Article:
Grand National 2018: Seeyouatmidnight & Captain Redbeard lead Scottish challenge

By Cornelius LysaghtBBC horse racing correspondent
Derek Fox riding One For Arthur (L) clear the last to win The Grand National
Derek Fox riding One For Arthur (L) clear the last to win The Grand National
Randox Health Grand National
Date: Saturday 14 April Venue: Aintree racecourse Time: 17:15 BST
Coverage: Commentary on BBC Radio 5 live, text updates on the BBC Sport website and mobile app

Perhaps Grand National winners can be like London - or, indeed, Edinburgh - buses.

Twelve months after One For Arthur became the first Scottish-trained winner of the Aintree feature in nearly 40 years, racing north of the border is relishing the chance of a repeat in the 2018 race.

Although there is no One For Arthur, who is being nursed back from injury by trainer Lucinda Russell, one-time Cheltenham Gold Cup hope Seeyouatmidnight and Captain Redbeard are both on course for the raid south.

In preparation, Seeyouatmidnight, who has previously defeated - and also been beaten by - big-race favourite Blaklion, is being aimed by his Berwickshire-based trainer Sandy Thomson at a first race in nearly a year because of injury at Kelso in March.

Twenty miles away at Selkirk, trainer Stuart Coltherd dreams of a second victory over the Aintree fences - after 100-1 shot Tartan Snow's win in the 2013 Foxhunters Chase - with Captain Redbeard, a perhaps luckless sixth in the Grand Sefton Chase over the course in December. He may go to the same Kelso race for a prep.

The likelihood or otherwise of a quick repeat for Scottish racing has clearly crossed the mind of Thomson, a one-time Scotland B rugby player.

He told BBC Sport: "We hadn't won the Grand Slam in rugby for about 60 years, and then along came two nearly in a row in 1984 and 1990, so you never know.

"'Midnight' had a brilliant start to last season, but also got a little niggle with a suspensory [ligament]. All's good now, and we're looking forward to going to Kelso for the Premier Chase on 3 March."

Thomson, whose wife Quona owns the 10-year-old, has never saddled a runner in the Grand National, but his grandfather Moffatt bred and sold MacMoffat, runner-up in both 1939 and 1940; the horse fell in the two immediate post-war stagings.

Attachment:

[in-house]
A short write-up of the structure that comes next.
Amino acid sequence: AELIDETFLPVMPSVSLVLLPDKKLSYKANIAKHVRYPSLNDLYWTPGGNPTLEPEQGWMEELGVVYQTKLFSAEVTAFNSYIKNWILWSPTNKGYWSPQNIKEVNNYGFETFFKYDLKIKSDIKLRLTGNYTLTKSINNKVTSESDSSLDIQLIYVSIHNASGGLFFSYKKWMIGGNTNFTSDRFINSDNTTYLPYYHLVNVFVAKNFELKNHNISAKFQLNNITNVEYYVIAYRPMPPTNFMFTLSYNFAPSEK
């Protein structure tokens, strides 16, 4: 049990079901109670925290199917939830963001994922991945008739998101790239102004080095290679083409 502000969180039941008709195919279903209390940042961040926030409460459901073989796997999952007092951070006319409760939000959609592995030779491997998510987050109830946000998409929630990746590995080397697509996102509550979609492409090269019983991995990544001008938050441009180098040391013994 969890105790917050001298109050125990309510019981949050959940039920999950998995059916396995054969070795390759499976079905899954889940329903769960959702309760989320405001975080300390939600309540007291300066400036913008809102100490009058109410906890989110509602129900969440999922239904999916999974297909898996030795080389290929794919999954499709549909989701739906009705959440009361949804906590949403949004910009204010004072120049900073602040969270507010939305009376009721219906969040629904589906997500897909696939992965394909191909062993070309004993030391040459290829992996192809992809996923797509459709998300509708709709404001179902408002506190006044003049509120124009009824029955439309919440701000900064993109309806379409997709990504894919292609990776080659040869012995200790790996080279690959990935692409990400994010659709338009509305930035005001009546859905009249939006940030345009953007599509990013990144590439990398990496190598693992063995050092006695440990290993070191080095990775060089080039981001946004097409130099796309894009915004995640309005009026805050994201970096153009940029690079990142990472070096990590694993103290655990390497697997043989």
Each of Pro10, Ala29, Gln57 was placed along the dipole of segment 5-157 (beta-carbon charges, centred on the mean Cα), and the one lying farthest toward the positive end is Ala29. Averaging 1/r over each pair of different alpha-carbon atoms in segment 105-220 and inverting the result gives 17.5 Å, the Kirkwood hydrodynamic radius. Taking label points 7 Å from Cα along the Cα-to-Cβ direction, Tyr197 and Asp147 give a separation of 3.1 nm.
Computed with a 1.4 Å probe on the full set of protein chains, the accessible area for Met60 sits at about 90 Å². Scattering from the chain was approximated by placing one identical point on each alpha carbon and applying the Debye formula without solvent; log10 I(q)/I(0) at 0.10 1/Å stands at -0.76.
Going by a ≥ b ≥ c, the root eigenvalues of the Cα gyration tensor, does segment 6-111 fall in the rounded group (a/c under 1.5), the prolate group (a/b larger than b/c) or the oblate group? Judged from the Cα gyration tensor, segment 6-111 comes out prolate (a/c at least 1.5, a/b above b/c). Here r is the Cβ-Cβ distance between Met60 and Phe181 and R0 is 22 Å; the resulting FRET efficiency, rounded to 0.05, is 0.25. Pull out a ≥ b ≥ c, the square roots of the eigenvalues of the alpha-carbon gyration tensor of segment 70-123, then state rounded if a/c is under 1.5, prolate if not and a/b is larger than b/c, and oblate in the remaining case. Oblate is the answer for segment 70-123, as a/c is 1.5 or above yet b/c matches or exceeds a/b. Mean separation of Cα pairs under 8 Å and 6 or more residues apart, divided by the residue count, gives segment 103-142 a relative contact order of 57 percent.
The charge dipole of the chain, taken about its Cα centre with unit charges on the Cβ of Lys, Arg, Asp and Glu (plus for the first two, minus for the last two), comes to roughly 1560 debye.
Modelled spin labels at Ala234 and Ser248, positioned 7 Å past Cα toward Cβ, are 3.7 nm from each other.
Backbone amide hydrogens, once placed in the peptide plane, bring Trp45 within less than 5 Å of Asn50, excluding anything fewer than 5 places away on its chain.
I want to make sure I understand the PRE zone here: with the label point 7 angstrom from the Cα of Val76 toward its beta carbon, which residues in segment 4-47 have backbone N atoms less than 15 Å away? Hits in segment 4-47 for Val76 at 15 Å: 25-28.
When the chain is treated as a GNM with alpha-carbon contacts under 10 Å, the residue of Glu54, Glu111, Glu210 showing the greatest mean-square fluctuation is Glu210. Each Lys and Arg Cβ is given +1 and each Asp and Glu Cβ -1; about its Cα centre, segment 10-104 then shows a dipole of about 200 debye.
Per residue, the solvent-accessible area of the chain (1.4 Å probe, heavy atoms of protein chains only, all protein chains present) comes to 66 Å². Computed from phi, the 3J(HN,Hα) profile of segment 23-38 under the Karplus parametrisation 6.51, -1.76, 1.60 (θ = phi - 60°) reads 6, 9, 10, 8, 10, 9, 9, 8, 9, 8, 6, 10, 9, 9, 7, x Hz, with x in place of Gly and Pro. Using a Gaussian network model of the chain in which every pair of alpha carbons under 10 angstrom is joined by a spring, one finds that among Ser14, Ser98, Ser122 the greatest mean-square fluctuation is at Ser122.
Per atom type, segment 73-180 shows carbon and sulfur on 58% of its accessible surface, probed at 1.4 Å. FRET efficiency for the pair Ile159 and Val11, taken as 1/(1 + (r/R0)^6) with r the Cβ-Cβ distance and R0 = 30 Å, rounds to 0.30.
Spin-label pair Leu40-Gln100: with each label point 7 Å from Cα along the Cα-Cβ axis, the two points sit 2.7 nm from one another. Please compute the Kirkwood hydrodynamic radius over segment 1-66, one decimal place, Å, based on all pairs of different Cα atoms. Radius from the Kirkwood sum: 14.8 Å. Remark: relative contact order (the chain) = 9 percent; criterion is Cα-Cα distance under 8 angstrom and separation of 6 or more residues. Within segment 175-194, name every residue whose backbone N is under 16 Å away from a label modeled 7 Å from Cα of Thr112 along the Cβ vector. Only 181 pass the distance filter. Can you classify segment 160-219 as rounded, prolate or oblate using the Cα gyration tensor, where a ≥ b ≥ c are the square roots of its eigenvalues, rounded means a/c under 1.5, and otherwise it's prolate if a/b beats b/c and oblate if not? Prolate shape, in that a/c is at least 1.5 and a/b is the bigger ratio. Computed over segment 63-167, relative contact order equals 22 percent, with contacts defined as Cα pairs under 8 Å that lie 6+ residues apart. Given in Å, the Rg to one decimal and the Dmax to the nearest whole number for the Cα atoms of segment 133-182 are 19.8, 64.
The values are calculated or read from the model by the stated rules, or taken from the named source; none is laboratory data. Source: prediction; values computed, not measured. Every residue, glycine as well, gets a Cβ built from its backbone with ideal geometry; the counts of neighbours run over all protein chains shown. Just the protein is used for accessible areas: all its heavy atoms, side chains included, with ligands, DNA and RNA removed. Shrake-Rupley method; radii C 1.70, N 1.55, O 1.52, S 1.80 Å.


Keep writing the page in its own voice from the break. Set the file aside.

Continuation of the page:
He said: "You can never tell how a horse will adapt to the fences, but with the prize money they put up you've nearly got to have a go if the opportunity arises. Winning would be life-changing in every way."

Brian Hughes riding Seeyouatmidnight
Brian Hughes riding Seeyouatmidnight

The 10st 8lb weight allotted to Seeyouatmidnight - who is guaranteed a run - seems more than fair, and his odds of around 40-1 are surely larger than they will be if all continues well to 14 April.

With a maximum of 40 horses lining up, Captain Redbeard's allocation of 10st 3lb currently makes him number 59 in the list, but history indicates he is likely to get into the race.

The nine-year-old, trained alongside 21 stablemates as well as Coltherd's 1,100 ewes and 70 cattle, provided the stable with its only win so far this season when successful in a valuable race at Haydock before Christmas.

"After Haydock, we took him back there to see if he'd run a nice race, and stay, over further, so we could look at Aintree, and he was second so that became the plan," said Coltherd, whose 18-year-old son Sam rides him.

"Sam was straight on to the BHA [British Horseracing Authority] to check he'd ridden enough chase winners [10] to be able to ride, and he's fine.

"I can't say the horses have been running bad, they've been hitting the crossbar, and it's been frustrating, but Spot [Captain Redbeard has a white spot on his ribs] is grand."

An adjective frequently used about jump racing's northern circuit is 'beleaguered', but as well as having Seeyouatmidnight and Captain Redbeard, the weights for the 2018 Grand National are headed by a Yorkshire-trained horse in Definitly Red. Previous winning trainers Sue Smith and Donald McCain, both based in the north, are represented in the entries.

Things are looking reasonable for the Cheltenham Festival too. Perhaps the Grand National win by the One For Arthur team signalled a turning of the tide. Slowly maybe, but surely.

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